Top 17 Things to Do in Nagasaki
What is there to do in Nagasaki, you ask? That's exactly what we've been asking ourselves as well, and the answer is: a lot! Find out what makes a trip to Nagasaki so exciting, right here!
The horrific nuclear bombing of Nagasaki that was to be the end of World War II is certainly the most prominent aspect of the city’s history. But, while this most significant event today indeed offers many compelling sites not just for history buffs, things to do in Nagasaki include so much more. Be it an abandoned island that appeared in a Bond movie or an amazing urban night time view from a mountainous observation deck, points of interest for tourism in Nagasaki are incredibly diverse. Whether you make it just a day trip from Fukuoka (you’ll have to compromise but it’s possible) or spend several nights, Nagasaki truly is a gem.
Following are the top places to include on your itinerary.
Nagasaki Peace Park
The Nagasaki Peace Park was built 10 years after the nuclear bombing as a site for memorial and peace promotion. It’s close to the hypocenter of the explosion, which is marked by a black monolith and a display of chilling statistics of the aftermath. A bit further on, visitors can look at actual remains of buildings that have been left untouched. Some pieces of the destroyed Urakami Cathedral, which was one of the largest in Asia until the nuclear attack, are still there today.
Another impressive highlight of the park is the almost 10 meters high Heiwa Kinen-zo, a 30-ton bronze statue which was created in 1955 by a local sculptor. The statue’s right hand pointing to the sky warns of the nuclear threat, its left hand stands for peace. The right leg is in a meditating position, while the other leg is ready to stand up and take action.
Overall, the Nagasaki Peace Park is an unmissable attraction for any Nagasaki traveler.
Address: Matsuyamamachi, Nagasaki, Nagasaki Prefecture 852-8118 Access: Matsuyamamachi Station Opening Hours: 24 hours
Hashima Island (Gunkanjima)
There’s something about the ruins here that can really capture one’s imagination. Maybe it’s the fact that they’re on a small island in the ocean, maybe that the whole island basically consists of nothing else but these ruins, slowly being taken over by nature.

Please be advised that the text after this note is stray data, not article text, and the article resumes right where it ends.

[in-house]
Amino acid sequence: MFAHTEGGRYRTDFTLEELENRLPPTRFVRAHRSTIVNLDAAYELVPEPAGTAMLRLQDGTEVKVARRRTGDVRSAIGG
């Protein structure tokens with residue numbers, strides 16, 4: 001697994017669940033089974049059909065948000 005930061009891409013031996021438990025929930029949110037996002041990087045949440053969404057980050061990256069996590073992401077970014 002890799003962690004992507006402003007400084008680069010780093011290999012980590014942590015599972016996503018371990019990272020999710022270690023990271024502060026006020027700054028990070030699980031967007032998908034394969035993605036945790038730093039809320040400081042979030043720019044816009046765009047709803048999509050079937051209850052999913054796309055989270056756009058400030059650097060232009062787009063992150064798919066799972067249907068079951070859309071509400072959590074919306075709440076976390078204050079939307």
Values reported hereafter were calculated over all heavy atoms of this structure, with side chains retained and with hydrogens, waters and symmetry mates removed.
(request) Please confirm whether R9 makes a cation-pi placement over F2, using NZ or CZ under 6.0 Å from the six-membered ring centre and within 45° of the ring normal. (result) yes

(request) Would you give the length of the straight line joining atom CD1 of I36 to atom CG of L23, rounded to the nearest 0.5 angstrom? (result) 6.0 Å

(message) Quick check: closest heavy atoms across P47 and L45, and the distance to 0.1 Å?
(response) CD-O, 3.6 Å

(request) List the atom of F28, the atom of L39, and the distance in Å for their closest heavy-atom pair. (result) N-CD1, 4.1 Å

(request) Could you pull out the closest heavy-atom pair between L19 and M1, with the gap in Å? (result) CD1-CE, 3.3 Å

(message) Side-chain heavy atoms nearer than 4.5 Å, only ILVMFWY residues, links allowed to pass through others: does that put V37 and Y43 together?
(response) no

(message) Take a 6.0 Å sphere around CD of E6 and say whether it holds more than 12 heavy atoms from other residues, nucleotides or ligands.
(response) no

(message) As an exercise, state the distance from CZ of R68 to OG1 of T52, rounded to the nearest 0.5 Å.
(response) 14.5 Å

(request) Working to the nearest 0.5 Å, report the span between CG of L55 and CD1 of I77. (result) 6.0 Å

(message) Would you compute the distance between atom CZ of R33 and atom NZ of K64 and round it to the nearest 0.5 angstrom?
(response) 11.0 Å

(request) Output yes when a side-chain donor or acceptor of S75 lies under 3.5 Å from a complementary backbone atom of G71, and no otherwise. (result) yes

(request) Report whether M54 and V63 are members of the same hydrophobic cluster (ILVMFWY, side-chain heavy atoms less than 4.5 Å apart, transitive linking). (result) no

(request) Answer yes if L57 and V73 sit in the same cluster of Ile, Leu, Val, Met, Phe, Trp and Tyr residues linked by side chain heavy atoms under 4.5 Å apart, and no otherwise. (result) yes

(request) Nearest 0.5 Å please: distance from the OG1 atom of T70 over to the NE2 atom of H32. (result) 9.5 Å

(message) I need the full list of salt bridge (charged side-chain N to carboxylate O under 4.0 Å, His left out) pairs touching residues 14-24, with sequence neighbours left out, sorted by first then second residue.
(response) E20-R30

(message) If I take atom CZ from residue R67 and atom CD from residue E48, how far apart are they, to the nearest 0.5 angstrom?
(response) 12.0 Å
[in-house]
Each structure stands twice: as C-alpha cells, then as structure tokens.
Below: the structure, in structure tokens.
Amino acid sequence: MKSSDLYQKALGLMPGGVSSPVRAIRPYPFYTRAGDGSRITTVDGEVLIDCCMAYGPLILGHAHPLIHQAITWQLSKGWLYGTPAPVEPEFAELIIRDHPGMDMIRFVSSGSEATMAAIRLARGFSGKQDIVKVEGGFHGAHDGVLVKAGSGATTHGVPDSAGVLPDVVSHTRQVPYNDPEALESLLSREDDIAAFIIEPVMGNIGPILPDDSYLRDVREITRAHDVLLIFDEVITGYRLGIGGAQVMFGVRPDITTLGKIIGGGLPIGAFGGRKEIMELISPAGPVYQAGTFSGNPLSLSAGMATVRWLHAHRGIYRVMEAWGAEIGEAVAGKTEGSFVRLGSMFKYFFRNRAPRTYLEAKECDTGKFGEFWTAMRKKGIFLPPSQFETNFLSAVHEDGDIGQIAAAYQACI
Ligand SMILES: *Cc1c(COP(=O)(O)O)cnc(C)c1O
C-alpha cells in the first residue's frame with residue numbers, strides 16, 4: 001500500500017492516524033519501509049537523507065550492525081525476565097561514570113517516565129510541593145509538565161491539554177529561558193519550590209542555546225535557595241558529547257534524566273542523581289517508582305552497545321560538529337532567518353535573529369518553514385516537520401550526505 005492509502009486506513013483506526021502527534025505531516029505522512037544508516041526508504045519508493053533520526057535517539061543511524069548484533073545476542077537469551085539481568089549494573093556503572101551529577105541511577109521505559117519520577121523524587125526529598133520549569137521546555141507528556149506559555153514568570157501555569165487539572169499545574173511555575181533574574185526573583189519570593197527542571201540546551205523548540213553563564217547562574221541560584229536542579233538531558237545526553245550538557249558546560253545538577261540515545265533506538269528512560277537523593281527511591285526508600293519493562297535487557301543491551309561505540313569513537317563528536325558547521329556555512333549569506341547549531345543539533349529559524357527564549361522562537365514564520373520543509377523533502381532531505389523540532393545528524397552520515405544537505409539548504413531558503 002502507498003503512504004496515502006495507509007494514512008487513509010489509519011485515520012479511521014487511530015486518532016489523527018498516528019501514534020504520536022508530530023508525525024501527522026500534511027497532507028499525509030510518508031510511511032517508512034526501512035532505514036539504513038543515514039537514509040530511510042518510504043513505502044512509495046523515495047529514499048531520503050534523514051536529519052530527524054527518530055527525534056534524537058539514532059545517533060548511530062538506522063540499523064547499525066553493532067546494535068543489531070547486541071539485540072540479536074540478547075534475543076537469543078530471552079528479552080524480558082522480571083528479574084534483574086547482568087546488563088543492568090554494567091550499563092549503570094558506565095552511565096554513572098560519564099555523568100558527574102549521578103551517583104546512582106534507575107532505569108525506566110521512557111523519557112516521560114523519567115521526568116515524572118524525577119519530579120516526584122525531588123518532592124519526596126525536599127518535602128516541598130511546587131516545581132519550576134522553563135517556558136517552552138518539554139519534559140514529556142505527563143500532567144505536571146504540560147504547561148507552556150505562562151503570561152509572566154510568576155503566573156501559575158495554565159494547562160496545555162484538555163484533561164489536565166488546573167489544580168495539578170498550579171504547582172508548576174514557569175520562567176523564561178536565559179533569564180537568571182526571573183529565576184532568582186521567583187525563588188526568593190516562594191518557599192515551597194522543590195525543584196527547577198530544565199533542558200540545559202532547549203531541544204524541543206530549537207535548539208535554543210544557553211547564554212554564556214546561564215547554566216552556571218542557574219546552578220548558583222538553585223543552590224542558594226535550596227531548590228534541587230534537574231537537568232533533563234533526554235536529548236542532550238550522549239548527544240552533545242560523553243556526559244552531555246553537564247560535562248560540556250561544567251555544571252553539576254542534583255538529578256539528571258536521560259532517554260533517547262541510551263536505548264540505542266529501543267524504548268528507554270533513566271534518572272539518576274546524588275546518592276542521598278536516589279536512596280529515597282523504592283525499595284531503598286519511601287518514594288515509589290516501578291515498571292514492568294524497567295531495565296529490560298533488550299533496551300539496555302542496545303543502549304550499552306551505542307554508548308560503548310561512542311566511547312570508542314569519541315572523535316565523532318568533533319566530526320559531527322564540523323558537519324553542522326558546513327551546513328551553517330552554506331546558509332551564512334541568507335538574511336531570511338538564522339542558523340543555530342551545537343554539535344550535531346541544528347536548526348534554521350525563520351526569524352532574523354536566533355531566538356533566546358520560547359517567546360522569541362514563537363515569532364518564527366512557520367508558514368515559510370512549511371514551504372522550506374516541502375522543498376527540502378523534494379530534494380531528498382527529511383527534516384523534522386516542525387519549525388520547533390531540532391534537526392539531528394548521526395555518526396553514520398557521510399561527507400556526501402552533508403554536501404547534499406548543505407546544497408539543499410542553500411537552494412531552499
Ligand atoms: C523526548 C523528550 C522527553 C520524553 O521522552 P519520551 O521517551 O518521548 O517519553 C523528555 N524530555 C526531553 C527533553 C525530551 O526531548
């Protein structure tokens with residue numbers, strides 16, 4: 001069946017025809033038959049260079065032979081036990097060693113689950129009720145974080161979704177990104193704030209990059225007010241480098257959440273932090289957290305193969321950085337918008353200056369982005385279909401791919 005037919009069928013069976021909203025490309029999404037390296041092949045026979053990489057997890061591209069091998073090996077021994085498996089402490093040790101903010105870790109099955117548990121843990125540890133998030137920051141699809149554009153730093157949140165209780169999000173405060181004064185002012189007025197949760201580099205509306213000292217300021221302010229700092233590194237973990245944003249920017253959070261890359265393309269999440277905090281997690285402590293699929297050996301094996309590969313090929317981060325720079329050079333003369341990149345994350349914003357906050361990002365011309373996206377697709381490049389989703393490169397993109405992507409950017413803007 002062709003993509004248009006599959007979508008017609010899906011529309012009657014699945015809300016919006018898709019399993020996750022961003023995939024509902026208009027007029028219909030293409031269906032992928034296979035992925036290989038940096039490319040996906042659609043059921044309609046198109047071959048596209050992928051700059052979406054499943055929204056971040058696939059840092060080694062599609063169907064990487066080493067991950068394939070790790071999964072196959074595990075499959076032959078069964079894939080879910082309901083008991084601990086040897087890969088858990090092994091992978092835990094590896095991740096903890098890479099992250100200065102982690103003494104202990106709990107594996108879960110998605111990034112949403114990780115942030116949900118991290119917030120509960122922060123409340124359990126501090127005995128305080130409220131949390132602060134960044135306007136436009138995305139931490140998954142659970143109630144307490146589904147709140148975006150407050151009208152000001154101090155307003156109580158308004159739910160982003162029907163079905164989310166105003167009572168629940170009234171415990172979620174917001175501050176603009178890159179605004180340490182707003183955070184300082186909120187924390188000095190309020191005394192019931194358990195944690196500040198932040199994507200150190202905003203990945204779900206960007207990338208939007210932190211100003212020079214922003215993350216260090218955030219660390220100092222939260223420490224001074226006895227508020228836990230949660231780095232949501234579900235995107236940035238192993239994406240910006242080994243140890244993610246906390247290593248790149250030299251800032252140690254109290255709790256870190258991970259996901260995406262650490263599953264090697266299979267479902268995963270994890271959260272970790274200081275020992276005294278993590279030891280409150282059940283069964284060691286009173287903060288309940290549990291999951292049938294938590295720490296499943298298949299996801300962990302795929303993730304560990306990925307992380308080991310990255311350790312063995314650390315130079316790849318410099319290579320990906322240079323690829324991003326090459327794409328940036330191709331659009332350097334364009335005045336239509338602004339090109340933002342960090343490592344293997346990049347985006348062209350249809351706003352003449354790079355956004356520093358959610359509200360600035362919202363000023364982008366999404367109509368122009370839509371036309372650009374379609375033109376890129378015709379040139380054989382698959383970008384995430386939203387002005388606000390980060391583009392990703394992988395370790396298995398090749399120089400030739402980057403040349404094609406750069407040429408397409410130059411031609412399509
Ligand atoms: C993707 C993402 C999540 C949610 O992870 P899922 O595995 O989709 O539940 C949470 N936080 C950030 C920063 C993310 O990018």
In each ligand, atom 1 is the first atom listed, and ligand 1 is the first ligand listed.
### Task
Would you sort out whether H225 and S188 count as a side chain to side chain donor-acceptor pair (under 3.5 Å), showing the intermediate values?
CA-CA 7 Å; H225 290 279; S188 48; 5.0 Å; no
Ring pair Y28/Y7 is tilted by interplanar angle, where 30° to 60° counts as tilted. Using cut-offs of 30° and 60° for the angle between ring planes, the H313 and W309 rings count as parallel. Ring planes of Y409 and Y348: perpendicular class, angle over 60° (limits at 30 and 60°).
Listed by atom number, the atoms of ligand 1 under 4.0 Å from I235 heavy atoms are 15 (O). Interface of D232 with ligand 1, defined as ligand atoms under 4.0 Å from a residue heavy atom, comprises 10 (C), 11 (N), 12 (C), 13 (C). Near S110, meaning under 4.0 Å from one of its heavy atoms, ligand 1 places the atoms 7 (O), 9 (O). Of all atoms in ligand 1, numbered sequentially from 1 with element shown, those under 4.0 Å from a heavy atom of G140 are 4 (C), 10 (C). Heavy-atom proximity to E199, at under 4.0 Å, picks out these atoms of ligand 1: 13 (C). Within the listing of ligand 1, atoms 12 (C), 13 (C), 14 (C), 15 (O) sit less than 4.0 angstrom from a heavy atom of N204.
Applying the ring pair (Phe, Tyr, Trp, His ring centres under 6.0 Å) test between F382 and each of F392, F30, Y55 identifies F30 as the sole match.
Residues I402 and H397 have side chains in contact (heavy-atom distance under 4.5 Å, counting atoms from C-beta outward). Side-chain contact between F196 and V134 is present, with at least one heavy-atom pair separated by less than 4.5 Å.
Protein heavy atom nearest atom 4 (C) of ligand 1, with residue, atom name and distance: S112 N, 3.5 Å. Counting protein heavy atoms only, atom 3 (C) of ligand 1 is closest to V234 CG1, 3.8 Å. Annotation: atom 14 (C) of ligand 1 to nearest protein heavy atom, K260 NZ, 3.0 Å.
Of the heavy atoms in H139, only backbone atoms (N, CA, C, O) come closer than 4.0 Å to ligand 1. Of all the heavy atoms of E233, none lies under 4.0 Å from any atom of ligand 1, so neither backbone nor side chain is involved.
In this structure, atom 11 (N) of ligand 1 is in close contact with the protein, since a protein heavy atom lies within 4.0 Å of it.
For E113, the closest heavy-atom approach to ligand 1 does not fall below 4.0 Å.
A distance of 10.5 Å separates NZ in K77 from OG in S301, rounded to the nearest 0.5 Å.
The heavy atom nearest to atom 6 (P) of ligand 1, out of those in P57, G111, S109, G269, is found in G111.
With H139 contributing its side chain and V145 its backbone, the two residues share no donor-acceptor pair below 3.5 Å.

What Alcatraz is to San Francisco, Hashima Island is to Nagasaki. At least that’s the sense the abandoned island conveys, even though its function was different. Due to its shape, the island is commonly called Gunkanjima, which translates to Battleship Island. It was once a base for mining underwater coal and a tiny hometown for all the workers. But when the coal reserves were finished, everyone left at once, leaving behind furnished apartments, restaurants and schools.
Today, Gunkanjima has become largely popular and famous throughout the world. It was featured in the James Bond movie “Skyfall” as a hideout for the villain (Javier Bardem). Google has sent their street view photo team to make the tour around the remnants. And now, it has even been declared UNESCO world heritage. This came about not without controversy: during World War II, Koreans and Chinese war prisoners were used for forced labor in the coal mine, many of whom died because of the bad conditions.
The only way to set foot on the island today is to book a guided tour and take one of the three ferry companies for 3600 to 4200 yen. And a piece of advice: don’t forget sunscreen and snacks, and go to the bathroom before boarding the ferry, as there are no restrooms on Hashima Island.
Access: Ferry from Nagasaki Port
Mount Inasa (Observation Deck)
If you’ve ever been to Hakodate, Hokkaido, you might know about the famous view over the city from Mount Hakodate. The view over Nagasaki from Mount Inasa is lauded the same way, especially during nighttime when the city lights begin to glow. In fact, the two mountains are almost the same height as well, with 333 and 334 meters respectively.
For maximum effect, aim for early evening to reach the summit, as this is arguably the best spot in Nagasaki to see the sunset. A ropeway takes you up to the top, where you’ll find an observation platform and a restaurant. A walk up is also possible, and it’ll take you around 50 minutes.
From Nagasaki Station, there are two buses per hour which take about 15 minutes to the ropeway station.
Address: 〒850-0066 長崎県長崎市稲佐町364 Access: Bus from Nagasaki Station